When Wounds Require Multidisciplinary Care

By Eric H. Espensen, DPM

   The patient underwent a distal pedal revascularization and ultimately underwent transmetatarsal amputation due to underlying necrosis of tissue. The multidisciplinary team allowed the period of demarcation in order to facilitate tissue reperfusion after revascularization. Often, significant tissue healing occurs and allows for more distal salvage than what was considered at the initial presentation. This demarcation period is similar to cases of frostbite in which there is delayed intervention to allow for adequate reperfusion.10

   The length of time for delay for proper demarcation varies but has been reported in several studies to range from days to weeks to months. However, this time frame is rather long and may allow for extended periods of exposure to infection. At our facility, we commonly allow up to two weeks for demarcation and subsequently perform an appropriate amputation. Typically, we prefer to perform closed amputations rather than open amputations, which would require subsequent delayed closure.

Treating An Infected Wound In A Senior With Longstanding Diabetic Neuropathy

   A 72-year-old male with longstanding diabetes, neuropathy and heart disease presented with a recent onset of a wound to the medial aspect of the right great toe. A local physician had been managing the wound until it developed a large eschar and infection with drainage (see above photo on the left).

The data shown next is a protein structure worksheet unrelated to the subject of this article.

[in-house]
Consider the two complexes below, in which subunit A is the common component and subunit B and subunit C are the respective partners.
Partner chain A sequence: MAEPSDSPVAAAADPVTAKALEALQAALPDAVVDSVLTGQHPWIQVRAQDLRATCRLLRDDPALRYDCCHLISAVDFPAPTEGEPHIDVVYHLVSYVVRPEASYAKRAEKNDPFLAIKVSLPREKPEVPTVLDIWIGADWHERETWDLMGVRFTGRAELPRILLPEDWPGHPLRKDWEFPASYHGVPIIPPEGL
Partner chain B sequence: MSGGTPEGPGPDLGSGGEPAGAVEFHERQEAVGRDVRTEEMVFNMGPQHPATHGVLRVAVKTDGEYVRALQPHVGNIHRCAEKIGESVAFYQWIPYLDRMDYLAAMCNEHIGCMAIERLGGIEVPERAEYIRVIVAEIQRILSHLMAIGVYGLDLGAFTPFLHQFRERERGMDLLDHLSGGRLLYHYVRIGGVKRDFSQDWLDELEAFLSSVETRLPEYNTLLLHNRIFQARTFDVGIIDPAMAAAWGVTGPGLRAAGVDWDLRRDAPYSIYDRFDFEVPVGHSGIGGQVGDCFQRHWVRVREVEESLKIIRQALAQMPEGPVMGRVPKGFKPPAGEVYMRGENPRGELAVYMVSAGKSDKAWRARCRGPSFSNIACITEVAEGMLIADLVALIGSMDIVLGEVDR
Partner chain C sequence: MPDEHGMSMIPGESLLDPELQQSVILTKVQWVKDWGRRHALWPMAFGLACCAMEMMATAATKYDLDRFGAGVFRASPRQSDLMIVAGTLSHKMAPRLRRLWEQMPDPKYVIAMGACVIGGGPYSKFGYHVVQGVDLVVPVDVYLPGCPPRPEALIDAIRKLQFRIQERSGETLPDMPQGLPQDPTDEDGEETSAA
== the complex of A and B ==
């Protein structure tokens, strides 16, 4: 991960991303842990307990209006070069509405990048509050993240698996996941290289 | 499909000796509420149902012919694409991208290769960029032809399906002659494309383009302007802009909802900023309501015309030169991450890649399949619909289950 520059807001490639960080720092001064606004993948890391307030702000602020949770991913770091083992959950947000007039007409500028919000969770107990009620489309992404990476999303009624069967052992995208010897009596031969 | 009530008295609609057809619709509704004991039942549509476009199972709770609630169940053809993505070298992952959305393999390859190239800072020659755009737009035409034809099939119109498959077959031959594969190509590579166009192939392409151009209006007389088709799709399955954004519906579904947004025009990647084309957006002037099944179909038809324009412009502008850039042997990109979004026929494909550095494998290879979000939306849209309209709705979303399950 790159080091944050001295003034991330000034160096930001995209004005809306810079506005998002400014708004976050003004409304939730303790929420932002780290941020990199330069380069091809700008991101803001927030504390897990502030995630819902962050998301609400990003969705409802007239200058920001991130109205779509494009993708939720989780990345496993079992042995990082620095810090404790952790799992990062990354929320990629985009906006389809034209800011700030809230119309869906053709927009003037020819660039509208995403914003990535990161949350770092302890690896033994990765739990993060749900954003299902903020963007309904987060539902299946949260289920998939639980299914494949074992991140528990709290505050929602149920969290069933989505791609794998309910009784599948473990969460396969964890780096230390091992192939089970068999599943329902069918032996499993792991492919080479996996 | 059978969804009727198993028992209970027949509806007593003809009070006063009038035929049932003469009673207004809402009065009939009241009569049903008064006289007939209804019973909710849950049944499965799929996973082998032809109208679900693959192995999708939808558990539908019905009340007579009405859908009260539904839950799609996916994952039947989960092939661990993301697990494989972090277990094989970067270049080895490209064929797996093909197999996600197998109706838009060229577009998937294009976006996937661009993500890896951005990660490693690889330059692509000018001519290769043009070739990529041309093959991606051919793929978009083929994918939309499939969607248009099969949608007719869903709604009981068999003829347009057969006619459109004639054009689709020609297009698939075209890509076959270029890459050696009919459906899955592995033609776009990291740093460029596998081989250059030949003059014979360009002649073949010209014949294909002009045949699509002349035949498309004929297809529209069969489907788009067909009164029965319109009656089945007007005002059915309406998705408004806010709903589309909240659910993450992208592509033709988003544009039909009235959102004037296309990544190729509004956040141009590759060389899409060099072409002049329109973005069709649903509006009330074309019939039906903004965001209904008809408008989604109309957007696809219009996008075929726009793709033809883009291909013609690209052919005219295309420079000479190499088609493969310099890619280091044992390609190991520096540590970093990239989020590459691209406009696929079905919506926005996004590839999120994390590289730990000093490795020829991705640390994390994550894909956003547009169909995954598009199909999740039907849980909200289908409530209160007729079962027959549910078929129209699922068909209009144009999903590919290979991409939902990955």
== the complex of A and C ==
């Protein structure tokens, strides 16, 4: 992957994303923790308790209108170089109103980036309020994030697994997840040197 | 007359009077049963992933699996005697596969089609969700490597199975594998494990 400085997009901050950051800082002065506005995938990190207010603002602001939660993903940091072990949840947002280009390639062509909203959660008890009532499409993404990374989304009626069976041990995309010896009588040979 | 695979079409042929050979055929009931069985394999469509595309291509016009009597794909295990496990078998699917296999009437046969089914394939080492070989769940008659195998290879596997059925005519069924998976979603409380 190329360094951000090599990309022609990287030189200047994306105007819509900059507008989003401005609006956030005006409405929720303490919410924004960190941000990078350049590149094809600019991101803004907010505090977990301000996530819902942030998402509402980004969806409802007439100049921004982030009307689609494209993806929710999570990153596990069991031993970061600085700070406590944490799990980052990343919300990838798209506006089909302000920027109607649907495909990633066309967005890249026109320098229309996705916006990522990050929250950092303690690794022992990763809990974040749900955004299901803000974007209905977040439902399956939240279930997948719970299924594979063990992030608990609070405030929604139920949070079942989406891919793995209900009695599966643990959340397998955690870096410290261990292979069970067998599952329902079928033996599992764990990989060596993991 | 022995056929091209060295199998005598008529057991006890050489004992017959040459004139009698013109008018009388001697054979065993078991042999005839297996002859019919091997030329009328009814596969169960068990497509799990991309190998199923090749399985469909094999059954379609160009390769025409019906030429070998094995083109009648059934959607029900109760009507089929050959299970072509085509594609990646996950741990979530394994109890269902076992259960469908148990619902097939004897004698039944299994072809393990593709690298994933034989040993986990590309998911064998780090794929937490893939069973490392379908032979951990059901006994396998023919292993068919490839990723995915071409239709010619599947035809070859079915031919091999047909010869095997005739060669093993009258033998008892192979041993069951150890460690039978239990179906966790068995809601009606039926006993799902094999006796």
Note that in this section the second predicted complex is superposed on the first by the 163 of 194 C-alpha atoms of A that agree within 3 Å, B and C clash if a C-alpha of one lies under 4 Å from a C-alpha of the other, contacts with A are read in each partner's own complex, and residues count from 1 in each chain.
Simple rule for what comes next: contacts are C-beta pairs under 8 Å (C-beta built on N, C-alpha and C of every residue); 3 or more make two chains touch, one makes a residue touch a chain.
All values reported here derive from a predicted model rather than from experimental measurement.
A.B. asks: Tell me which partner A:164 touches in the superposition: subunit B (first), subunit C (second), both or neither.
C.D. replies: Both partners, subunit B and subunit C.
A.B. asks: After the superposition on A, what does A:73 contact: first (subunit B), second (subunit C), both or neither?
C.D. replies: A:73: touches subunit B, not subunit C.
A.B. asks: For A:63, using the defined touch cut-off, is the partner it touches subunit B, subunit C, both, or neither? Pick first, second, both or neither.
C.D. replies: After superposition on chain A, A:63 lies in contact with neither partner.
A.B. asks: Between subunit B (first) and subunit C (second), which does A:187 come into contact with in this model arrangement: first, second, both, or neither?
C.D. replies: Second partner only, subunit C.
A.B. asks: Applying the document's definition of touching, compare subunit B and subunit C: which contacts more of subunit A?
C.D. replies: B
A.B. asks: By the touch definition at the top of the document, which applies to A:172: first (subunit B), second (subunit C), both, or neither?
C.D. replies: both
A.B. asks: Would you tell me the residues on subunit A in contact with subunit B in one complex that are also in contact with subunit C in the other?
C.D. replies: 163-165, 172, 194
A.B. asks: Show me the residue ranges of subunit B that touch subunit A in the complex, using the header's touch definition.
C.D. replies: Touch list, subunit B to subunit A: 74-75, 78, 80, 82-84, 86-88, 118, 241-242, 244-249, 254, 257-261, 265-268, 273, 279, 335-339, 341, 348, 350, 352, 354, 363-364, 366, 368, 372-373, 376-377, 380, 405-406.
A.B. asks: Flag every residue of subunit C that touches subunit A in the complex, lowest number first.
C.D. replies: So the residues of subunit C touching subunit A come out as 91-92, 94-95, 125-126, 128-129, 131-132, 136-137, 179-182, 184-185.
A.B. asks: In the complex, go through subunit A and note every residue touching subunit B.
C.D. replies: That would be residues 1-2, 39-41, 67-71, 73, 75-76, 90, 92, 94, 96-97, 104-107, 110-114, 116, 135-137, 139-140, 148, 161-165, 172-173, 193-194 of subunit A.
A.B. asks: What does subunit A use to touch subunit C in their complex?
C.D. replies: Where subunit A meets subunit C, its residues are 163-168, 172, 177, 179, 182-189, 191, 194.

The patient was admitted for wound care and infection control. He received a comprehensive evaluation and consultation. We referred the patient to infectious diseases and the patient received subsequent treatment. The patient underwent vascular surgery consultation with invasive angiography.

   After obtaining a cardiac consultation and clearance, a vascular surgeon performed a lower extremity bypass on the right leg. In the absence of osteomyelitis and resolved infection, and after a brief period of demarcation and reperfusion, the team decided to perform an escharotomy versus a digital amputation. The resultant wound was healthy with adequate perfusion (see above photo on the right). The wound eventually healed with a period of wound care and offloading. We would have amputated the affected toe if we had encountered underlying necrosis and tissue destruction.

What You Should Know About Preventing Ulcers And Reulceration

   Diabetic education and screening programs may reduce the risk of amputation and complications, but there is little evidence base to support these programs. One study suggests the benefit of patient education is short-lived (six months) while another study suggests education has no beneficial effect.11

   Clinicians and researchers have long believed the use of therapeutic footwear for diabetic patients is beneficial in both protecting and preventing foot ulcerations. Several journal articles compare and contrast the benefits of such footwear.12-14

Final Notes

   Caring for the diabetic foot presents a daunting challenge for many practitioners. The diabetic patient may present with concerns ranging from tinea pedis, onychomycosis and musculoskeletal concerns to severe painful neuropathy, infected ulcerations and even gangrene. As dedicated foot specialists, it is our responsibility and duty to provide the complete spectrum of care for our patients.

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